Third Heathrow runway looks set to proceed after Supreme Court ruling

Heathrow’s third runway looks set to go ahead following a Supreme Court judgement that has overturned a ruling made earlier this year that blocked its construction.

In February, the Court of Appeal blocked the plans over concerns that they failed to account for climate change commitments under the Paris Agreement.

However, this morning, the Supreme Court sided with Heathrow Airport Ltd’s challenge against the ruling. The firm said that the latest decision will “allow global Britain to become a reality”.

Environmental groups and other opponents of the expansion project described the outcome as “incredibly disappointing”, but insisted there “remains real doubt” about whether the third runway will ever happen.

The £19bn runway was finally given the go-ahead in 2018 after years of legal wrangling over its construction. Initially, the project enjoyed the support of then-transport secretary Chris Grayling in an Airports National Policy Statement (ANPS).

In September 2020, three judges ruled that the ANPS did not adhere to the government’s climate commitments, but in a summary of the Supreme Court’s ruling today Lord Sales said Grayling’s decision was lawful and he was under “no obligation” to discuss the Paris Agreement separately in the ANPS.

Heathrow is Britain’s biggest airport and its owners are keen to proceed with the project despite unprecedented falls in air travel in 2020 as a result of the Covid-19 pandemic.

A Heathrow spokesman said: “Only by expanding the UK’s hub airport can we connect all of Britain to all of the growing markets of the world, helping to create hundreds of thousands of jobs in every nation and region of our country.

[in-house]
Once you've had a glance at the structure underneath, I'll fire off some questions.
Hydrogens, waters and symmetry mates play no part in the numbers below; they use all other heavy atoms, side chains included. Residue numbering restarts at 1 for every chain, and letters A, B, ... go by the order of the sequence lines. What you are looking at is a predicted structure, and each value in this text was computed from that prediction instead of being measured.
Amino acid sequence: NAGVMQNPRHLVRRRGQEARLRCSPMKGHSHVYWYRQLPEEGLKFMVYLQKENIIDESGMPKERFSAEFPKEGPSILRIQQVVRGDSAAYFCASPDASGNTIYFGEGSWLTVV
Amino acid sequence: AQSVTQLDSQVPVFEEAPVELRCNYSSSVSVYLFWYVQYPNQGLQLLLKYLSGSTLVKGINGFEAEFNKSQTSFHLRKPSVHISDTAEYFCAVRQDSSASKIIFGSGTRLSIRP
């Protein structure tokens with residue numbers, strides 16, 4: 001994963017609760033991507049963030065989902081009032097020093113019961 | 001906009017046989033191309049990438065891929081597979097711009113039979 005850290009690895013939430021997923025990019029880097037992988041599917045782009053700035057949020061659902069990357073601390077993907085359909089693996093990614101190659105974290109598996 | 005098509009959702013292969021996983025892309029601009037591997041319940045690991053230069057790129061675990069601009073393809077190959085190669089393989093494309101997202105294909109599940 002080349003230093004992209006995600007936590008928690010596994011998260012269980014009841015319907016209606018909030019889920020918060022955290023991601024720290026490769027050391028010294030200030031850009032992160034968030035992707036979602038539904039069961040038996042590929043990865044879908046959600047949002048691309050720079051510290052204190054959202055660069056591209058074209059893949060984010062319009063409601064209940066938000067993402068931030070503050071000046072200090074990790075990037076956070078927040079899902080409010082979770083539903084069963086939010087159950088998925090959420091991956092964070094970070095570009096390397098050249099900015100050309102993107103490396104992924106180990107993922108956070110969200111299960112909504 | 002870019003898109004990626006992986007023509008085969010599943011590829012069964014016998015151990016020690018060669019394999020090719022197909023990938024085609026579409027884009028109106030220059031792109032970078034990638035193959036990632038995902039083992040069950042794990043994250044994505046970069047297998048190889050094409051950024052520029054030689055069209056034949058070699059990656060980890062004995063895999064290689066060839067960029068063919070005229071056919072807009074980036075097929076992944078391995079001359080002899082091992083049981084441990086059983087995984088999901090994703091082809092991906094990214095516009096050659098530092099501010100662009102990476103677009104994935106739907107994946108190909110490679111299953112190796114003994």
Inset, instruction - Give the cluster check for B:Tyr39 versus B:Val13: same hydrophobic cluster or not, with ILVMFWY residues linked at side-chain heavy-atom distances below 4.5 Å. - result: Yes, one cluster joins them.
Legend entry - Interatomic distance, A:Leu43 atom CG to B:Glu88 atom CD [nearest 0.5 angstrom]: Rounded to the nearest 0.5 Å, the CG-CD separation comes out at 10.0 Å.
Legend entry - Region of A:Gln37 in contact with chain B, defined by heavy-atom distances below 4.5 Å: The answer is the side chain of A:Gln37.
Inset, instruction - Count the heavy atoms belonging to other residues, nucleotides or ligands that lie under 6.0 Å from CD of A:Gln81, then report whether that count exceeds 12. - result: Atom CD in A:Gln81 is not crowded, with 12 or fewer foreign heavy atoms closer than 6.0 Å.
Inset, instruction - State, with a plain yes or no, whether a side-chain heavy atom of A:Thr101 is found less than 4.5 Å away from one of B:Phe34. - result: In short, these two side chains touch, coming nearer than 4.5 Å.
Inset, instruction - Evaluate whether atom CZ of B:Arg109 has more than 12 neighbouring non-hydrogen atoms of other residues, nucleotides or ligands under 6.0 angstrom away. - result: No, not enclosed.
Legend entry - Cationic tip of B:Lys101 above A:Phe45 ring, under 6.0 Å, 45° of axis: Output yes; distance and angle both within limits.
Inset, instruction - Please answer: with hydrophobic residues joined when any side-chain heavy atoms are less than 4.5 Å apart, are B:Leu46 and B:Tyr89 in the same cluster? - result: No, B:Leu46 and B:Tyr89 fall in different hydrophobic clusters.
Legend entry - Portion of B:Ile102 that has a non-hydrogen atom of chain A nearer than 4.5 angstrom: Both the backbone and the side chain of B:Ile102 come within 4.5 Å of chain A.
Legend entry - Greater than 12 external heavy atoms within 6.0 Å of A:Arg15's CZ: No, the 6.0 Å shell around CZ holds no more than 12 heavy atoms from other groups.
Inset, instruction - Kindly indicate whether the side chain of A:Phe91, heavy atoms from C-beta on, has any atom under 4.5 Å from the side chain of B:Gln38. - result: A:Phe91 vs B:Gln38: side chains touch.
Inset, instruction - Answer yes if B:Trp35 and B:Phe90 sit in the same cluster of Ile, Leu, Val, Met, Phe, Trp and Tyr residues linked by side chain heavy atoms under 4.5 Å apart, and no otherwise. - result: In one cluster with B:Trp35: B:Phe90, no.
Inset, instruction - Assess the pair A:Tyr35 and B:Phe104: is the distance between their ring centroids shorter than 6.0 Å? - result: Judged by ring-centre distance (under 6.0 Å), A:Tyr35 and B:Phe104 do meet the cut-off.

“Demand for aviation will recover from Covid-19 and the additional capacity at an expanded Heathrow will allow Britain as a sovereign nation to compete for trade and win against our rivals in France and Germany.

“Heathrow has already committed to net-zero and this ruling recognises the robust planning process that will require us to prove expansion is compliant with the UK’s climate change obligations, including the Paris climate agreement, before construction can begin.”

Sadiq Khan, mayor of London, expressed disappointment at the decision, saying it will “have a damaging impact on air quality, noise and London’s ability to achieve net-zero carbon by 2030”.

John Stewart, who chairs anti-Heathrow expansion group Hacan, said: “Despite this verdict, there remains real doubt about whether the third runway will ever see the light of day.

“Recovery is all that is on Heathrow’s mind right now. Flight numbers are down nearly 90 per cent. The airport’s expansion team has long since been disbanded. A third runway remains no more than a distant and uncertain prospect.”

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